Tuesday, January 7, 2014

10 Things We Would Stop Doing...

...If We Adopted Paul’s Cross-Shaped Resolution

By David Burnette

The apostle Paul didn’t set out to make a New Year’s resolution in 1 Corinthians 2:2, but his words to the believers in Corinth wouldn’t be a bad place for all of us to start in 2014:

“For I decided to know nothing among you except Jesus Christ and him crucified.”

If that resolution doesn’t sound odd to you, it’s because you’re familiar with it. To the world, a fixation on a crucified man doesn’t make any sense. And to call that man your Lord and your God, well, that’s utter foolishness.  Only the gospel gives us eyes to see reality in this way.

The Corinthian church was being tempted to adopt worldly standards of success. Instead of admitting that they were weak and that their only ground of boasting was in the death of their Messiah, they were busy trying to one-up each other. They were enamored by the same things that impress the world—lofty speech and wisdom (1 Cor 2:1). Paul rebuked them by telling them of his single-eyed determination—his resolution, if you will—to keep the crucified Christ at the center of his life and proclamation.

Paul’s resolution should be ours as well, and not only for 2014. The entire Christian life is to be shaped by the reality that God has sent His Son to die on behalf of sinners who are weak, unwise, unworthy, and altogether unimpressive. The cross is our only hope; it shapes everything about us.

Consider how drastically different our outlook might be this year if, like Paul, we decided to see all of life in light of the One who was crucified in our place. I want to suggest 10 things we would likely stop doing:

1)   We would stop judging people, circumstances, and events based on outward appearances. Things aren't always as they appear. The God who brought about salvation through the death of His Son turns the world’s expectations upside down. (1 Cor 1:18-20)

2)  We would stop trying to win God's approval through our obedience. Christ's death dealt decisively with our sins, and God now views us as righteous in Him. You cannot add to a perfect sacrifice. (Gal 2:21)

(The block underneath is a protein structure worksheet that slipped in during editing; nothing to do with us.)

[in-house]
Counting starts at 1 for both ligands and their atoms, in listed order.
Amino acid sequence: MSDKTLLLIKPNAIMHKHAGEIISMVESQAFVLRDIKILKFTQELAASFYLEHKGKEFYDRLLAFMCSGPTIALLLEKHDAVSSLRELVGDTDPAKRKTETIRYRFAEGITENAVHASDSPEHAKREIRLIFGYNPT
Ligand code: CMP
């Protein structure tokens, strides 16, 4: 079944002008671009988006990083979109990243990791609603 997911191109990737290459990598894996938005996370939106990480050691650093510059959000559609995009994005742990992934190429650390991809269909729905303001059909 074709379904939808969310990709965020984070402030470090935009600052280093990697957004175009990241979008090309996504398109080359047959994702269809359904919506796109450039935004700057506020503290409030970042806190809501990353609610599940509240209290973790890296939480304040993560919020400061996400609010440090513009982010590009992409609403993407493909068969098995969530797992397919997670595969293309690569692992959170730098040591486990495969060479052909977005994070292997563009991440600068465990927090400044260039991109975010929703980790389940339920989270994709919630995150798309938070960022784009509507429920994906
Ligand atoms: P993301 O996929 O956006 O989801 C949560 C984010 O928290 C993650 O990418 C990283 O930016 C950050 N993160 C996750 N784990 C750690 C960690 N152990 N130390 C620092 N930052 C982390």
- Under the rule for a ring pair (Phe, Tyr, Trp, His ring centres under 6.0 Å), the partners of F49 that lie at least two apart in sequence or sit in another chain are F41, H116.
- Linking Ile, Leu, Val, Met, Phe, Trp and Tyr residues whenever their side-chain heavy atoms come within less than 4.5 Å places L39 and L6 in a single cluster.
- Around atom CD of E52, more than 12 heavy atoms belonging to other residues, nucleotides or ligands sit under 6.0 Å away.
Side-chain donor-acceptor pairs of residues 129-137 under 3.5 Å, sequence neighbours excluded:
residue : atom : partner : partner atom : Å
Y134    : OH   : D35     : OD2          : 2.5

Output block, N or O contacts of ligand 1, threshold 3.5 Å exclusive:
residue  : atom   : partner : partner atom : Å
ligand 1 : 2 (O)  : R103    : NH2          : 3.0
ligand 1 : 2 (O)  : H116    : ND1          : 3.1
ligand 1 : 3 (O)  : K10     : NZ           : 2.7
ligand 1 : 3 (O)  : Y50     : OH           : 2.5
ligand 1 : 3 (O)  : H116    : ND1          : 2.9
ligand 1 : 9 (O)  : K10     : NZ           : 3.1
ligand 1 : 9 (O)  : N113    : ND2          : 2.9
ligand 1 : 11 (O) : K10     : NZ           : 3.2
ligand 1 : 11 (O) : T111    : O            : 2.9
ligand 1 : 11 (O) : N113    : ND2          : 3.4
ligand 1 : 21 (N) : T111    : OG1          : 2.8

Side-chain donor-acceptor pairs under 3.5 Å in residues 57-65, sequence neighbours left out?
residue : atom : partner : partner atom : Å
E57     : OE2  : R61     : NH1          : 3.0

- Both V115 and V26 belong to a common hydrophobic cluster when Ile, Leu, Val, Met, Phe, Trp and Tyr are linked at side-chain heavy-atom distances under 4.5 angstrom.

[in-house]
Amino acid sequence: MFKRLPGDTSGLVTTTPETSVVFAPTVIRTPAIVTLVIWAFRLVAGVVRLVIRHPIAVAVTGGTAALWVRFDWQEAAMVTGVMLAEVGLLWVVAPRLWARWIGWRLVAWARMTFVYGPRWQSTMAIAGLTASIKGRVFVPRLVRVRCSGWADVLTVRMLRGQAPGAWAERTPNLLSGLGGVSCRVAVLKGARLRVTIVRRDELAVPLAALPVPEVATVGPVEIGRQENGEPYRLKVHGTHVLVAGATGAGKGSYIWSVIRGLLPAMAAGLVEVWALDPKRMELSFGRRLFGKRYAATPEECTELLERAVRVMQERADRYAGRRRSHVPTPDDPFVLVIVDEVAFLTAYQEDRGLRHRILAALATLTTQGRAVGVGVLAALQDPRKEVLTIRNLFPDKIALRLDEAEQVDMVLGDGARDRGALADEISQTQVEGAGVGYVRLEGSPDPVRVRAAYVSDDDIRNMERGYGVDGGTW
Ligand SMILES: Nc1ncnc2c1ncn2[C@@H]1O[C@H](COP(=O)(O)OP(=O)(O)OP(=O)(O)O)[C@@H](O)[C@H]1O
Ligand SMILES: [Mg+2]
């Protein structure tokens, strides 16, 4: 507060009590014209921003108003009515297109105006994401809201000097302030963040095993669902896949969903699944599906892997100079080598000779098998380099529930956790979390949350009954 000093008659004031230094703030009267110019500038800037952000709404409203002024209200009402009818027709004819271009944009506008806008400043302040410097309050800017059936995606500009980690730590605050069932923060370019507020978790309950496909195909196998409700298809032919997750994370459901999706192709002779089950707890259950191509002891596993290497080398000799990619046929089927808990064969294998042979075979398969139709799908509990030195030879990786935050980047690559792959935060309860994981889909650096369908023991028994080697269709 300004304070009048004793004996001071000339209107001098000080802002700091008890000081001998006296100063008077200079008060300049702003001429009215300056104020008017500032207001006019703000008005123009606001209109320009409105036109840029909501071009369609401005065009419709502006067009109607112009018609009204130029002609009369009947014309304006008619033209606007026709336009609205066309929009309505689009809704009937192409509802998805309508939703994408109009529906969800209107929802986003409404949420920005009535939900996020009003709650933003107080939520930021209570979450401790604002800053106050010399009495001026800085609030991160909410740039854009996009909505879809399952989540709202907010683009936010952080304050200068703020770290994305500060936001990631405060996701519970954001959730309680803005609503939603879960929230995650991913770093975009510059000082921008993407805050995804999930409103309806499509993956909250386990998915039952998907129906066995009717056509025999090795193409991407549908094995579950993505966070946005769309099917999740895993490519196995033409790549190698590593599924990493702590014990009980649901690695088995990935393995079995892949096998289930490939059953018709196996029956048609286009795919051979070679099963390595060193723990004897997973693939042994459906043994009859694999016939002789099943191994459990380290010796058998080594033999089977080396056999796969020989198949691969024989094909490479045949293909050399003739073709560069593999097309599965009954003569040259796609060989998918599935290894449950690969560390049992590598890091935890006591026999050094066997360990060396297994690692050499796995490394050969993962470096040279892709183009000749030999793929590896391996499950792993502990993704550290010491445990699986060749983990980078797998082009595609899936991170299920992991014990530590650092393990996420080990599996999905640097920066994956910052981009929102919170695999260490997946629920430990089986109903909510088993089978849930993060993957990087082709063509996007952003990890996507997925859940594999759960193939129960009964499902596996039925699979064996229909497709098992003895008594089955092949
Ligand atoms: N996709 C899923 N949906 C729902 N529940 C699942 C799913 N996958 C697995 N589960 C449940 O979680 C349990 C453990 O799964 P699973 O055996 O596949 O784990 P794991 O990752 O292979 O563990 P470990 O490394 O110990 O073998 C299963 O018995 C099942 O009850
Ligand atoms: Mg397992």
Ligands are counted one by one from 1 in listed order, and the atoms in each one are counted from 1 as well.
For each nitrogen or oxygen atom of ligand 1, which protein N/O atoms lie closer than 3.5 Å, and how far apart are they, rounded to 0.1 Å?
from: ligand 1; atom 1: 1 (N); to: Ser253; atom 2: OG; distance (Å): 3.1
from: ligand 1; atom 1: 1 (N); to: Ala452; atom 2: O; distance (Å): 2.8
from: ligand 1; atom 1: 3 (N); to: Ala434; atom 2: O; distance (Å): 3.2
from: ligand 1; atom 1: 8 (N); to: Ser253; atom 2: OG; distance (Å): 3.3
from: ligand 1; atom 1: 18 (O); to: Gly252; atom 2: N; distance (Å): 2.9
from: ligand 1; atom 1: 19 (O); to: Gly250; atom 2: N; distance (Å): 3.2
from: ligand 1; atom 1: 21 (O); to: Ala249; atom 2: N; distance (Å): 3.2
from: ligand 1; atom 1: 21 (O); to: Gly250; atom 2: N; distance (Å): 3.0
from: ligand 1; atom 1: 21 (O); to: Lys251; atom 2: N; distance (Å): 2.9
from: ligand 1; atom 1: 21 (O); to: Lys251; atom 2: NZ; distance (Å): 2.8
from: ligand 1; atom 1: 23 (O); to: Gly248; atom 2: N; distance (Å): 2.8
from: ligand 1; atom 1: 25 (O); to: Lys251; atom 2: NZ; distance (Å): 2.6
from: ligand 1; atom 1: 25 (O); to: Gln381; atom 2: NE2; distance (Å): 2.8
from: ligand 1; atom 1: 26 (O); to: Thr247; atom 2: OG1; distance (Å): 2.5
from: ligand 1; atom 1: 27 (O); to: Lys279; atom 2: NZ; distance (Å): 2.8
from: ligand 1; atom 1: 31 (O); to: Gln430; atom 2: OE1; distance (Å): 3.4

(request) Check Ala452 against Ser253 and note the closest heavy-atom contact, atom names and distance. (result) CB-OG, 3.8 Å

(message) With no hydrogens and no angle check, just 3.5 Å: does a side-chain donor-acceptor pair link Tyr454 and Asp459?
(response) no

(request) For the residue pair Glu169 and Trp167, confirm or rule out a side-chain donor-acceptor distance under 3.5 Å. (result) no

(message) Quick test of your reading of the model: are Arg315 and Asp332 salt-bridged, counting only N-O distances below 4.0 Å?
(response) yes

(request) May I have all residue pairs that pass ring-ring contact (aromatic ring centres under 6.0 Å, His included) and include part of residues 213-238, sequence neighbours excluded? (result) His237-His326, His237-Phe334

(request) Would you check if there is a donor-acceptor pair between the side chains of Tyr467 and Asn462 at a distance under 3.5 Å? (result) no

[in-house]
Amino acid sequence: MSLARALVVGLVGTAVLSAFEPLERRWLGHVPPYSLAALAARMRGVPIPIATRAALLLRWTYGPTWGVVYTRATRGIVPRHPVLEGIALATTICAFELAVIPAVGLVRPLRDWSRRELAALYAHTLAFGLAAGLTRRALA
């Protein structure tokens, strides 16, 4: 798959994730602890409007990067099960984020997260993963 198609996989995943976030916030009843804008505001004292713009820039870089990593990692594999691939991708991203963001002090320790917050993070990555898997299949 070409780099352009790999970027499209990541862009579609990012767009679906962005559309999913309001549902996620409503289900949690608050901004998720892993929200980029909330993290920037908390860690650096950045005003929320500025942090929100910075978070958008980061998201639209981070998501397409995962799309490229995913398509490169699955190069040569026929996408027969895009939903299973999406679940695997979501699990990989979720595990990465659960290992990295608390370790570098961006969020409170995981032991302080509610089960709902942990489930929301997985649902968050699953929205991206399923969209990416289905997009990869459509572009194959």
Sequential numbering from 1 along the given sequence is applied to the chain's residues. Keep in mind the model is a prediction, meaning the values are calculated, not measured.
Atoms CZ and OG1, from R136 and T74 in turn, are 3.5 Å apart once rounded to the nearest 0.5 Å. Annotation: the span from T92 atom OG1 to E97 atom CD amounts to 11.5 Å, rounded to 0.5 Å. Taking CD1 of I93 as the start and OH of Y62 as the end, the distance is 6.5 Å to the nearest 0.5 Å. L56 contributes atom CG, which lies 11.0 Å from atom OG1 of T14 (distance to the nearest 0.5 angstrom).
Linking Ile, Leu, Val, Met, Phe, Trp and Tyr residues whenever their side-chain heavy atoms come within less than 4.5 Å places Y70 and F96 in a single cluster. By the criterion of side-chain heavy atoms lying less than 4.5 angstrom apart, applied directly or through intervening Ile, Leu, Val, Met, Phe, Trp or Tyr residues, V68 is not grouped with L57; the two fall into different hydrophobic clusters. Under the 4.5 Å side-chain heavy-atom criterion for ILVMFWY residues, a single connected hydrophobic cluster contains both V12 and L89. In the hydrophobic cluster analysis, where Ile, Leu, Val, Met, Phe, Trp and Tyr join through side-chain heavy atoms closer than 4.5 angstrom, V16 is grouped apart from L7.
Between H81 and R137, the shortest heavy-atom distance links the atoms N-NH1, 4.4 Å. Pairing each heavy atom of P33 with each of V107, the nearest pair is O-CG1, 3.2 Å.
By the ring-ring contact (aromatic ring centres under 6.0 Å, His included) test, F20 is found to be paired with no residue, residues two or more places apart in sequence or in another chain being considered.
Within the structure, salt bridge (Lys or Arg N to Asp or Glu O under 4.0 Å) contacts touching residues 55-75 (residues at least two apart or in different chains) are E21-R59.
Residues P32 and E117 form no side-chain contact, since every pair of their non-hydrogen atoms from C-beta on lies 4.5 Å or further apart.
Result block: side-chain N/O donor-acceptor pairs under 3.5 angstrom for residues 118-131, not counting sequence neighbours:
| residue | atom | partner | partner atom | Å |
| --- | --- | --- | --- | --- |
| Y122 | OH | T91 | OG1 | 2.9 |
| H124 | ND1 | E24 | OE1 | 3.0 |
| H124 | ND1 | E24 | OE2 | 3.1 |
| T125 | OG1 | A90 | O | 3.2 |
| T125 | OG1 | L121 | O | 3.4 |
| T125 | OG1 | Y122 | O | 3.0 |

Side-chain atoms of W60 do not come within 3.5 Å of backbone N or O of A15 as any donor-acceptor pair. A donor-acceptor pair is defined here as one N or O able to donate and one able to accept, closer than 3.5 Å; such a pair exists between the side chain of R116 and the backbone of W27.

3)   We would stop trusting in our own resources to bring about spiritual transformation. It took the crucifixion of Christ to save us, and it will take the power of the gospel to make us more like Jesus. The cross and resurrection are essential to the daily pursuit of holiness. (Rom 6:10-11)

4)   We would stop worrying about being clever in our presentation of the gospel. Power belongs to God and His message, not the messenger. There is no smooth way to talk about a bloody cross. (1 Cor 1:17)

5)  We would stop considering some people to be beyond God's reach. There is no one whose sin can outmatch the grace of God in the gospel. Christ's death is more than sufficient for the vilest offender. (1 Tim 1:16)

6)  We would stop being surprised that our witness isn’t received warmly. At the heart of the gospel is the emphatic rejection of King Jesus. Why would his servants expect to be treated differently? (Jn 15:20)

7)   We would stop expecting ease and comfort in this life to be the norm. Suffering, hardship, and opposition only make sense when you follow in the footsteps of the Man of Sorrows. (Lk 9:57-62)

8)   We would stop worrying so much about the details our lives. God was willing to give His own Son for us. Why would he be unwilling to take care of everything else? (Rom 8:32)

9)   We would stop thinking highly of ourselves and looking down on others. If the death of Christ was necessary for our rescue, what do we have to boast about? The cross levels the playing field, for all of us are debtors to God's infinite mercy.

10)  We would stop fearing death. The crucifixion put death to death, so those in Christ now have the sure hope of the resurrection and eternal life. (Heb 2:14-15)

By God’s grace, may we set our sights on Christ and him crucified in the coming year.

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